In a typical spring, Rivers students would participate in two major art shows: The Small Independent School Arts League (SISAL) exhibition and the juried Page Waterman/Next Up! competition.
But nothing about the spring of 2020 has been typical.
The SISAL exhibition was canceled, due to the coronavirus outbreak, but the Page Waterman show has gone ahead—albeit virtually. Instead of being mounted in the gallery, the entire show can be viewed online at the Page Waterman website.
Following last year’s spring art shows, Rivers art department chair David Saul explained that the Page Waterman show is the brainchild of alumnus Sturdy Waterman ’74, who owns the gallery. “Back in 2017, he decided to celebrate the gallery’s centennial with the first Next Up! exhibition. It was very successful and now has turned into an annual event.”
Like so much else, this year’s event comes with a twist. Saul explains that, because of the current situation, there were fewer works submitted and fewer schools participating. Seven Rivers students submitted a total of 12 artworks. Unlike in years past, Saul believes, all submitted works were included in the show. But the exhibition still includes an element of competition, and of the 12 artworks by Rivers students, one was awarded a third-place award in its category and two earned honorable mentions.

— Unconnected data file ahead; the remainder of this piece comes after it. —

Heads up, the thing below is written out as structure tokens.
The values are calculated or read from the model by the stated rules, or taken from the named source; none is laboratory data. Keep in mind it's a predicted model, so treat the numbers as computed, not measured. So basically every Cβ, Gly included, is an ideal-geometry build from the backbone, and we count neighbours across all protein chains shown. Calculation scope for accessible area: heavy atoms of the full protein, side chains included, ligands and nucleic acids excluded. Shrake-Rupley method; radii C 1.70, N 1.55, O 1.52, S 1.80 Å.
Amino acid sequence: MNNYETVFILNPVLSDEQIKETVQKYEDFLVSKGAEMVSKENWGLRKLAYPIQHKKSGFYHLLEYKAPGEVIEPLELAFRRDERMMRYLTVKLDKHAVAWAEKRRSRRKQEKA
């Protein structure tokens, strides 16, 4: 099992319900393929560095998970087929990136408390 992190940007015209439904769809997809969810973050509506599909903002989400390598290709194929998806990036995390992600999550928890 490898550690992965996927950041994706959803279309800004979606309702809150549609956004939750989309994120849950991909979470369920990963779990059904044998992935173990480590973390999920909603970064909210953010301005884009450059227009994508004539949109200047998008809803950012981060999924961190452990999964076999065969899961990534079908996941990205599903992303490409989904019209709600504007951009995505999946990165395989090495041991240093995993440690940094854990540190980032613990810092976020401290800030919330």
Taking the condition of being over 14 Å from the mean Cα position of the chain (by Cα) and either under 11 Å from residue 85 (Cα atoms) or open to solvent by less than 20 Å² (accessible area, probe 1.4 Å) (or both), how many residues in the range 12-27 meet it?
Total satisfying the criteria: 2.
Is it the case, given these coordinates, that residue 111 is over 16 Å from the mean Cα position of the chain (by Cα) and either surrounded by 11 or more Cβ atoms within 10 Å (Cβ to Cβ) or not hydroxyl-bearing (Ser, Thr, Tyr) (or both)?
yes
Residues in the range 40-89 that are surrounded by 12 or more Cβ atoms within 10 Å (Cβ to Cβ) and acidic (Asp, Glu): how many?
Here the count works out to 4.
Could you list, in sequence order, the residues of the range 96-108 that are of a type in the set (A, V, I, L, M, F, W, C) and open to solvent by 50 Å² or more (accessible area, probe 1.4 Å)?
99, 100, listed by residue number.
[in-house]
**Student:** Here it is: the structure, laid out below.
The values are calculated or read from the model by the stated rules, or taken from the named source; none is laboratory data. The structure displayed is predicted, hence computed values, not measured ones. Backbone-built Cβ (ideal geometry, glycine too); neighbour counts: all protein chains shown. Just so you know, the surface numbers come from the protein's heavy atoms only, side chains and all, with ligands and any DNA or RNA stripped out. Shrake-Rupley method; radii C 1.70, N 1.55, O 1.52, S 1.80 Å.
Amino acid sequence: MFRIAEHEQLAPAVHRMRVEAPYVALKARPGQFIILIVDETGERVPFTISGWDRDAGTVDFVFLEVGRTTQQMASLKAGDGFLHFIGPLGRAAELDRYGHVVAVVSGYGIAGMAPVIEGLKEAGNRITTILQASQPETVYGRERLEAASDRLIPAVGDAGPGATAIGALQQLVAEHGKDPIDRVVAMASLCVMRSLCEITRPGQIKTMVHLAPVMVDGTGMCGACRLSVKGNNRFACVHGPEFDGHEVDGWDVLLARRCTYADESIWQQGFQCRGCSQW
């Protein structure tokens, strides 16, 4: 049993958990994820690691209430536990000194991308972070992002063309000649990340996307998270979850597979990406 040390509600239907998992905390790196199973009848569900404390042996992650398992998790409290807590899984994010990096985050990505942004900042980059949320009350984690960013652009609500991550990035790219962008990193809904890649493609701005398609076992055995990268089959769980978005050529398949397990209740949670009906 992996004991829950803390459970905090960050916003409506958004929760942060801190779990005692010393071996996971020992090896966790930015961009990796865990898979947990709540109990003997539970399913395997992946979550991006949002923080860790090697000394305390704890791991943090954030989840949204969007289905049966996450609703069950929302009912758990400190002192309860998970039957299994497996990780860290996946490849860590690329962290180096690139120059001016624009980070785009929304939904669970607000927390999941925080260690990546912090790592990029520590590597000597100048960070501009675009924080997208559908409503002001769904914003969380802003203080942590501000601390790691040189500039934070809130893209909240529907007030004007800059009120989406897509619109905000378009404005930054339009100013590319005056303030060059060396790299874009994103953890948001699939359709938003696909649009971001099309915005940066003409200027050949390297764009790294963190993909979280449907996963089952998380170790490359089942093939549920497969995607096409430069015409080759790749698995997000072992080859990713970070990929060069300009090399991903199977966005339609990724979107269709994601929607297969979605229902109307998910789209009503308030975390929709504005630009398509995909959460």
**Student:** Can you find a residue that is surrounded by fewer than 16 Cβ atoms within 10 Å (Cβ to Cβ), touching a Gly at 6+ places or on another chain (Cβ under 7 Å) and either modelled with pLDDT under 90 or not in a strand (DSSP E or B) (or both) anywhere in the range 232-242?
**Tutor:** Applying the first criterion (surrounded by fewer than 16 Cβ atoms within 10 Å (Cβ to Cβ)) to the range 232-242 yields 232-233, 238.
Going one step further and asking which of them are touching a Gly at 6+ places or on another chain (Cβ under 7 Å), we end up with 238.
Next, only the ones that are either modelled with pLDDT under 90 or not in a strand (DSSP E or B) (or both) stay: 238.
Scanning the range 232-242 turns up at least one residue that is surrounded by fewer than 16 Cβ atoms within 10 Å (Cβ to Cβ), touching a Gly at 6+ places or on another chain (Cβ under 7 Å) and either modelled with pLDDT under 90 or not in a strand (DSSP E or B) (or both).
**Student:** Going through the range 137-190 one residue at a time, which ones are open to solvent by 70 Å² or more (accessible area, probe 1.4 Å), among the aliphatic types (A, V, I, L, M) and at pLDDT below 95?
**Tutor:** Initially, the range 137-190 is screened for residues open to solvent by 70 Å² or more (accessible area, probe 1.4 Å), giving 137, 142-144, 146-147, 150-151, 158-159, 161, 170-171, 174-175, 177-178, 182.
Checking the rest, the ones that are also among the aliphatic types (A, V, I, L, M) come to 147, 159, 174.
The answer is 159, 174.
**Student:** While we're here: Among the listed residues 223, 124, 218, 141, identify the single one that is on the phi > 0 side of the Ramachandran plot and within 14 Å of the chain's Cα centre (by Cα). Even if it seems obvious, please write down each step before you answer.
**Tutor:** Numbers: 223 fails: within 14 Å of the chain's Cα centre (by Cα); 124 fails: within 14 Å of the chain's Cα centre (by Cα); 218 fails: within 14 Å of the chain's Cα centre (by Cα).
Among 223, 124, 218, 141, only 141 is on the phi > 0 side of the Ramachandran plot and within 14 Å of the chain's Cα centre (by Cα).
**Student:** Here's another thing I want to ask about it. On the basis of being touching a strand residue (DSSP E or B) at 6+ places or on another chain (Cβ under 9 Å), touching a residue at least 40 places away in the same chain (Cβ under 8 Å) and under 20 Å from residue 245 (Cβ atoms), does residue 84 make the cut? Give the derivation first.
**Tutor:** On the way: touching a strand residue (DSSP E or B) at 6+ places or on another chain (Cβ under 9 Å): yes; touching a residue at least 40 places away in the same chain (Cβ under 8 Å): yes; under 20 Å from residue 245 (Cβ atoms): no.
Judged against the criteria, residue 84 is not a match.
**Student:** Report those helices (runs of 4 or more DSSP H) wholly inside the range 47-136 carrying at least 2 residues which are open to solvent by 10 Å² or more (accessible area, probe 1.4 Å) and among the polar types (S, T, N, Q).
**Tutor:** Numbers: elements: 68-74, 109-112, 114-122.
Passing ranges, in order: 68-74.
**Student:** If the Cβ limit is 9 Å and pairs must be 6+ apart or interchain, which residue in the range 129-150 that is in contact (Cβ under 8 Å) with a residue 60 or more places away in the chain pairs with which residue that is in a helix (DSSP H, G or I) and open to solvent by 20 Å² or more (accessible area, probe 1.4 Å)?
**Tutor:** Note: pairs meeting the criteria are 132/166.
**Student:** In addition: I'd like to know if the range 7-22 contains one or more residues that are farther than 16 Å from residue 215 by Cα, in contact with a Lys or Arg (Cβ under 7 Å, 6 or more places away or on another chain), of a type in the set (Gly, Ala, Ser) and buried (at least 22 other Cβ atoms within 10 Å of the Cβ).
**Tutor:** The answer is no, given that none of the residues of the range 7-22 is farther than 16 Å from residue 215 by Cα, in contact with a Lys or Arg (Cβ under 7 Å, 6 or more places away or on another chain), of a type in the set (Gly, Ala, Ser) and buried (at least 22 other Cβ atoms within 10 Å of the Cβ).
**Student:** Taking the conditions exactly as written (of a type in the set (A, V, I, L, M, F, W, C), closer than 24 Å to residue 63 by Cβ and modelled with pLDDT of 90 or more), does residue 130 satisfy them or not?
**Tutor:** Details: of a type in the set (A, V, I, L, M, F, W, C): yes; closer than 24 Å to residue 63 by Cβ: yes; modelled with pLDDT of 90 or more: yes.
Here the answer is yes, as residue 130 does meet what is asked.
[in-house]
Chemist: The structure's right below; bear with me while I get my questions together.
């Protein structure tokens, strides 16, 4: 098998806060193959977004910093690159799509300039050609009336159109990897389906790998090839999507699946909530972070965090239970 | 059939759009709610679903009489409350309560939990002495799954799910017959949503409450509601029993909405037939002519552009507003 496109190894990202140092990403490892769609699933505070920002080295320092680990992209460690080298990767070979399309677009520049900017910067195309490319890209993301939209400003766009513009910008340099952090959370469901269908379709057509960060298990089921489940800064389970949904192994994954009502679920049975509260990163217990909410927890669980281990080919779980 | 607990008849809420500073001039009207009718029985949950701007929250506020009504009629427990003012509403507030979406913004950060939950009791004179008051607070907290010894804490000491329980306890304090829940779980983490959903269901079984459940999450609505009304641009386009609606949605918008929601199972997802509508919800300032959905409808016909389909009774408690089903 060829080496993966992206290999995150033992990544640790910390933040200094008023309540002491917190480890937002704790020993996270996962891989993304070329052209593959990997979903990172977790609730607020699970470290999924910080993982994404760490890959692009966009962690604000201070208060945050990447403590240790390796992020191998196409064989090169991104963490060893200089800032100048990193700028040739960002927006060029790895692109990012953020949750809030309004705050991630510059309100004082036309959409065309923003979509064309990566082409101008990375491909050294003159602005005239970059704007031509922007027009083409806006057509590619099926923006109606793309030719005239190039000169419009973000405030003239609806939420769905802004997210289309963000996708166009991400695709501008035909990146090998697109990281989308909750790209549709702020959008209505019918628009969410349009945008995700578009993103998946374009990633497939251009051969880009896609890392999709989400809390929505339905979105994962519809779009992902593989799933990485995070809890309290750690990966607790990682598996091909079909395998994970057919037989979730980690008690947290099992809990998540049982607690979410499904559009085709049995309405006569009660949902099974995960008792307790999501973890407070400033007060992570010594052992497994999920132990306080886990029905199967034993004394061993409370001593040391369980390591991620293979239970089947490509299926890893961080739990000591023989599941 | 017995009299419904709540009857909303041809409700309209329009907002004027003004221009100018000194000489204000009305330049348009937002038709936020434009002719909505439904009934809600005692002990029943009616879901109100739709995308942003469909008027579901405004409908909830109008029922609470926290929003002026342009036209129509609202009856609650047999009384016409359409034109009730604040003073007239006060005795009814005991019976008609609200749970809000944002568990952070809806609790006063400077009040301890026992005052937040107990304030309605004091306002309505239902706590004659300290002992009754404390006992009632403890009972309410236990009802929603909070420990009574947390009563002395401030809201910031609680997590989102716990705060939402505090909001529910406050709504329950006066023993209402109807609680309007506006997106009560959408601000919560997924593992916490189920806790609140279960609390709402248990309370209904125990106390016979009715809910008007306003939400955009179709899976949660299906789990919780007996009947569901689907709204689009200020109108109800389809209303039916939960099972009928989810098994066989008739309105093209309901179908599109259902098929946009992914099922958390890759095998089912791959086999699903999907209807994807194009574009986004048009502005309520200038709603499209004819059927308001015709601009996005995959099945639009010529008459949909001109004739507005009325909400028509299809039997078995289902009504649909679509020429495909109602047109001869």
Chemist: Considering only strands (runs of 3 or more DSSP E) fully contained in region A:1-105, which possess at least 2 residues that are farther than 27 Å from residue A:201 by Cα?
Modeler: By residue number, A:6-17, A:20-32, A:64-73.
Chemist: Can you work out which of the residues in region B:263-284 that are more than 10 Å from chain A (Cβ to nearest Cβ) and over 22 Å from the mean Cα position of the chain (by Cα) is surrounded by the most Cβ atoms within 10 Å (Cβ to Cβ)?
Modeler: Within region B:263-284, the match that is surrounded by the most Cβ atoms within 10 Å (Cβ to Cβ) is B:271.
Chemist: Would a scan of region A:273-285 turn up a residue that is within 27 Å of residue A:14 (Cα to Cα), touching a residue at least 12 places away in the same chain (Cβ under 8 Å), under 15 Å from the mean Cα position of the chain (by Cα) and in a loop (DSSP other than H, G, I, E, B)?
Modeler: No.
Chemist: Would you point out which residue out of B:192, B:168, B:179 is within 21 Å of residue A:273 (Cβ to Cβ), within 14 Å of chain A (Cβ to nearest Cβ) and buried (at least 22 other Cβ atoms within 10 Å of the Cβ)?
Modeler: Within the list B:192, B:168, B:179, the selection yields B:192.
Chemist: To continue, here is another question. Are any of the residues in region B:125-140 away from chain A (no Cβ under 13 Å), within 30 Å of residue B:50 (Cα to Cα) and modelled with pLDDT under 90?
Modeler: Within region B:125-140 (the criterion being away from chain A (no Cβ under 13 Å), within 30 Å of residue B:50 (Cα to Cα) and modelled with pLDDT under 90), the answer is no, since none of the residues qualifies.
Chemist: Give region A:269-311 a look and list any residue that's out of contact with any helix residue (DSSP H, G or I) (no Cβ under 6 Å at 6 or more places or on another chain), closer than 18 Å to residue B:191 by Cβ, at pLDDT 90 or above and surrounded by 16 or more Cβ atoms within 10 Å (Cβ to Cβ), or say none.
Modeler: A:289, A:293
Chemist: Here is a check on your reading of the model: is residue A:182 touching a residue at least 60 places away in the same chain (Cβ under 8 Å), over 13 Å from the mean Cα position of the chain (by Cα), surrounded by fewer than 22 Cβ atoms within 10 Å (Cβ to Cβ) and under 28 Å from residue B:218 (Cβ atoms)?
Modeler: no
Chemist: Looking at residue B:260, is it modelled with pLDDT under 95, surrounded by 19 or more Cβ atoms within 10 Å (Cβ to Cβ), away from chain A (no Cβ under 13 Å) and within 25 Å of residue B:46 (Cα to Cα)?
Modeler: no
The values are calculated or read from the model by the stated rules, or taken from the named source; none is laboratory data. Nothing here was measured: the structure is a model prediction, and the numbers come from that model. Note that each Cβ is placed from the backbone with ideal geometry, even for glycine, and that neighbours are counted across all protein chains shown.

Saul is pleased that the gallery made the decision to move ahead with the show, despite the difficulties. “This event has become an annual springtime tradition, and we’re grateful to the Page Waterman Gallery for creating this virtual exhibit to celebrate student creativity during these challenging times,” says Saul. “I am glad that Rivers is represented in this show with a broad range of 2D and 3D media, including drawings, prints, photographs, and ceramic artwork reflecting the diverse offerings of our visual arts program.”
The students represented in the Page Waterman show are Aliesha Campbell ’20 (stoneware and porcelain); Nicholas Hardy ’20 (photography, three works, including an honorable mention award); Dylan Mentis ’20 (stoneware); George Reinhardt ’20 (photography, three works, including a third-place award); Adebiyi Oyaronbi ’21 (drawing); Marin Broderick ’22 (printmaking and stoneware, two works); Keira Harder ’22 (drypoint print, honorable mention award).